If a tree falls in the forest and no one is around to here it, does it make a sound?
So goes the philosophical question that first appeared around the 1700s.
Jump forward a few hundred years and we may find ourselves pondering questions such as: If I didn’t Instagram my meal, did I actually eat anything? Or maybe even, if my post didn’t get 10000 likes, am I worth anything to anyone?
Welcome to the 21st century, a place of hashtags and viral. A place where if you aren’t trending, you might as well be wearing a scarlet letter, or perhaps just the shame of a non-verified twitter account.
Into such a world, we find ourselves thrust, in the capable hands of writer/director/producer/actor Meagan Adele Lopez, whose short film Raging Cult explores both the nature of a life lived online, and a life not lived at all.
Sandra (Lopez) is an agoraphobe, who lives her life vicariously through her social media accounts. Baffled daily by the abundance of positivity and smiling faced ‘living my best life’ of it all, Sandra is becoming increasingly frustrated, locked away in her flat, with only a broadband and her best friend Molly (Mollie Keane) for company. Sandra doesn’t get it: why would all these women be so happy? Why aren’t they as miserable as her? Why the need to project a false image of contentment when surely they must be as angry and frustrated as she is?
“People pretend like the online world isn’t real,” she says, “but to me, it’s everything.”
It’s enough to make you angry, scream, rage.
And so, Sandra does what any normal, shut in young woman would do: she decides to start an online cult, a revolution in rage as it were, with disciples from all walks of life ready to unload their frustrations onto a world that has turned its back on reality.
But like all great human comedy, it doesn’t quite work out that way.
Lopez’s screenplay is an exploration of one of modern life’s most rampant intricacies. Placing a clearly unhappy woman as its centre, the film dares to look deeper into what makes us truly happy, and, more importantly, what gets the blood up.
Sandra’s idea is not without validity. The online world is a lie and she knows it, her cult a logical response, as she sees it, in order to give women of all types an outlet and voice, a place to unburden their anger, and show the world that other side of femininity rarely embraced, particularly in an online context.
That the film manages to take on such weighty subject matter (desperately relevant to the current cultural climate) while delivering on laughs, is nothing short of miraculous, proof that given larger budgets and a longer running time, Lopez is a film maker to be reckoned with.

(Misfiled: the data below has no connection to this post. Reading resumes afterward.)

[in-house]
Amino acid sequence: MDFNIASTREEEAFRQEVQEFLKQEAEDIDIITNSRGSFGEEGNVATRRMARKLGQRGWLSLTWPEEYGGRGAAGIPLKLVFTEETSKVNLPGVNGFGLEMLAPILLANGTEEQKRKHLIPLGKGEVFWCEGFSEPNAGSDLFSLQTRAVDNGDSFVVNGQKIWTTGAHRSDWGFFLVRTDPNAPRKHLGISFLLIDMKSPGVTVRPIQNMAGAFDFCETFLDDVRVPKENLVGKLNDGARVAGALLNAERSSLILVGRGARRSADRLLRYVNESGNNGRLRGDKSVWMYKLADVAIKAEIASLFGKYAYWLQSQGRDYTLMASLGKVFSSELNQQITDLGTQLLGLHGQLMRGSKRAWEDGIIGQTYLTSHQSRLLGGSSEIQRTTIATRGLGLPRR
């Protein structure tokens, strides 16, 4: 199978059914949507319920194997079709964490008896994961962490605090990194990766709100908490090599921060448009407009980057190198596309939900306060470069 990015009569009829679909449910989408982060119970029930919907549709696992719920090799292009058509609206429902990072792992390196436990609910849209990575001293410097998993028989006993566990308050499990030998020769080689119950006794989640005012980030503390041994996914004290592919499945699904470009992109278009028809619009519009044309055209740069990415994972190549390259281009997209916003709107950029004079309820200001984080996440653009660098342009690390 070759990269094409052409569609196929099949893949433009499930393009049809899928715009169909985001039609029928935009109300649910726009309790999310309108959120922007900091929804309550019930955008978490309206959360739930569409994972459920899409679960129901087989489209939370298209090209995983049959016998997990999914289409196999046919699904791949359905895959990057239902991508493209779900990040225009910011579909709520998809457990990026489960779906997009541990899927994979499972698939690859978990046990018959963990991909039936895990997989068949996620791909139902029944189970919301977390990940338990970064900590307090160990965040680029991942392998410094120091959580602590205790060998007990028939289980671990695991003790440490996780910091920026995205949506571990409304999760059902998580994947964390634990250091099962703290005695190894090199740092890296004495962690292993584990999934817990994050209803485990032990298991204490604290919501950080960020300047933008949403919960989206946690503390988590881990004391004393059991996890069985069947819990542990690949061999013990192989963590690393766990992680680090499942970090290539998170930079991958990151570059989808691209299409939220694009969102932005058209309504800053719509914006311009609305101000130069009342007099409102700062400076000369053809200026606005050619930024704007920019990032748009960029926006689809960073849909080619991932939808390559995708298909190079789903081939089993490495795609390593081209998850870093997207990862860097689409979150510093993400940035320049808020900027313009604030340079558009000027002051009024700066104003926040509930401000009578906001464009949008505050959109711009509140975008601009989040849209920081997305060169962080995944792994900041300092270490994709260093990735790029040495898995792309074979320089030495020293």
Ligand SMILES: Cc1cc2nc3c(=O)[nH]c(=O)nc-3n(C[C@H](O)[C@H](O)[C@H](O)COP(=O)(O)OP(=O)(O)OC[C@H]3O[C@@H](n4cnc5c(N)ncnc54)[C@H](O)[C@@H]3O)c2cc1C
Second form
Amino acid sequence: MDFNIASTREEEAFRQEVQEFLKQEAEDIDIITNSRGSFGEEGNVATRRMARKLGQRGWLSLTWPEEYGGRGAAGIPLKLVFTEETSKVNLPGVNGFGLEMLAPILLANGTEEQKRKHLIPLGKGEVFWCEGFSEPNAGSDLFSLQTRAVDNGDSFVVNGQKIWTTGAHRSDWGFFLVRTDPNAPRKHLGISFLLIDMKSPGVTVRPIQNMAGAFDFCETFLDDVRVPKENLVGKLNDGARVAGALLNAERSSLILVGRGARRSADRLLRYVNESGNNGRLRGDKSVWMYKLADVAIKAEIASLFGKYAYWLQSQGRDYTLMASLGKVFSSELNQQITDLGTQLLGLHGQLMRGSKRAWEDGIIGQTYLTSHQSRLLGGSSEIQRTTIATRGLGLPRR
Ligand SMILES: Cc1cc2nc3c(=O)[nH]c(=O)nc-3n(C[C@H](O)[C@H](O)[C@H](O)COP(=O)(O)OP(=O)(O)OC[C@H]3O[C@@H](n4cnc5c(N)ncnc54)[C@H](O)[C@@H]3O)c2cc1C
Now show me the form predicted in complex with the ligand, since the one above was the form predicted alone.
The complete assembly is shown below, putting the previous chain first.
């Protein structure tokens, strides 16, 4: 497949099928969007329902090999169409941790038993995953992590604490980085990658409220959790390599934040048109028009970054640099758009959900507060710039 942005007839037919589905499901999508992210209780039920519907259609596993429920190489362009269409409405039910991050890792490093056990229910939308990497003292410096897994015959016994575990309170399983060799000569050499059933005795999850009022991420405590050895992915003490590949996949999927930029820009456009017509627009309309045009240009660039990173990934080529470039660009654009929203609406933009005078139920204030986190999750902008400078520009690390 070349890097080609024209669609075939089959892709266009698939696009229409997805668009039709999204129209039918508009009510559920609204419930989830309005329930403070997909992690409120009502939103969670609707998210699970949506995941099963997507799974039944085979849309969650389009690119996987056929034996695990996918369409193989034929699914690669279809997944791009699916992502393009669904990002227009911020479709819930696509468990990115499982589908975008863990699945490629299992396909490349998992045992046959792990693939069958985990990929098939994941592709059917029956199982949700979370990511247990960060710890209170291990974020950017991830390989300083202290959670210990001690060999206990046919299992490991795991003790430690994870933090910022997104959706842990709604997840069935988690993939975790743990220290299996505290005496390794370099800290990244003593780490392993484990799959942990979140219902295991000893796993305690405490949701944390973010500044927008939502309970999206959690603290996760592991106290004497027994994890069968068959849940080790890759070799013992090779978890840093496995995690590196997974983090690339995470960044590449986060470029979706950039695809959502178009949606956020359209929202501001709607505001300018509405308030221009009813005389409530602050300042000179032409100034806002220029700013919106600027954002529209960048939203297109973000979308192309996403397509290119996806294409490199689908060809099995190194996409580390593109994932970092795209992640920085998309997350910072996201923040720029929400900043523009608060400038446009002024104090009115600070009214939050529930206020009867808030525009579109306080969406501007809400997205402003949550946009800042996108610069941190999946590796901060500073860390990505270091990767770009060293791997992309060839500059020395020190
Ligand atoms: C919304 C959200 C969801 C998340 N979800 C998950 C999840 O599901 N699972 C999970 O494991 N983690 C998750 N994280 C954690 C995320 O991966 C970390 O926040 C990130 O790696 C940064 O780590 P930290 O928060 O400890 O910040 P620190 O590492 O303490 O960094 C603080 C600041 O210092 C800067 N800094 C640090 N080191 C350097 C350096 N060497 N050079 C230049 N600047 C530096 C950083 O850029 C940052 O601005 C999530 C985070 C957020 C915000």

The structure is airtight, delivering character, nuance and a powerful message, while maintaining a balance of tone that leaves you just on the edge of your seat. The plot is ambiguous in its intent, the humour and the drama always daring to overpower each other, in a constant tug of war, and indeed, it feels at times like the film could turn on you at any minute.
The performances are one of the films many gifts. Keane subverts the quirky best friend cliché, giving Molly the sense of a life removed from Sandra’s, which, of course, it is, given Sandra’s mental health and inability to function outside of her own environment. Unlike a multitude of rom-com supporting characters, Sandra needs Molly more than Molly needs her. A refreshing change of pace.
Lopez, meanwhile, all but steals the show with her portrayal of Sandra, a true force of nature, albeit one that locks herself away from many of life’s experiences. Like a twister trapped in a jar, she bounces off the walls, all wired energy and anger, but played with just the right amount of good humour and naivety to make her both likable and compelling. Misguided as her plans may be, you root for her, even empathise with her plight. And for an agoraphobe, she has an immaculate sense of style, truly a cat most comfortable in her own habitat.
Stylistically, a great deal of the character flourish comes from such detail. Not just the costumes, but the locations (with art direction by Helen Cusack O’Keeffe) and the cinematography (by Jackie Teboul.) One might expect Sandra to live in some sort of hole, but instead, her flat is filled with colour and warmth, the blues and reds dominating, depending on her mood at any given time. The flat is a character in itself, the other best friend in Sandra’s life.
As a director, Lopez maintains a firm grasp of her story, and a visual flourish that incorporates both a documentary style (particularly in the hilarious, awkward video interviews Sandra and Molly conduct with prospective cult members) and an almost surreal observational humour.
And yet, she isn’t laughing at these characters, but with them. What Sandra is interested in is showing rage to be beautiful, a positive. Not something to be shied away from, but rather something to be celebrated, appreciated and loved.
She wants to show every aspect of the female experience that has yet to be sold as desirable.
And the liberation she provides these women is where her redemption lies. Indeed, not just her redemption, but the redemption of a generation of women who are now walking through the MeToo/TimesUp era, a time of significant change both politically, sexually and culturally. A time of fear and confusion. But most importantly, a time of anger.
It’s a powerful message, buried deep within this well-crafted comedy. Lopez is a film maker who wants to entertain you. But she is also making a contribution to a larger conversation.
A conversation that is long overdue.
Raging Cult is currently screening at festivals. For more information, head to the website.
DIRECTOR: Meagan Adele Lopez
STARS: Meagan Adele Lopez, Mollie Keane
RUNTIME: 17 mins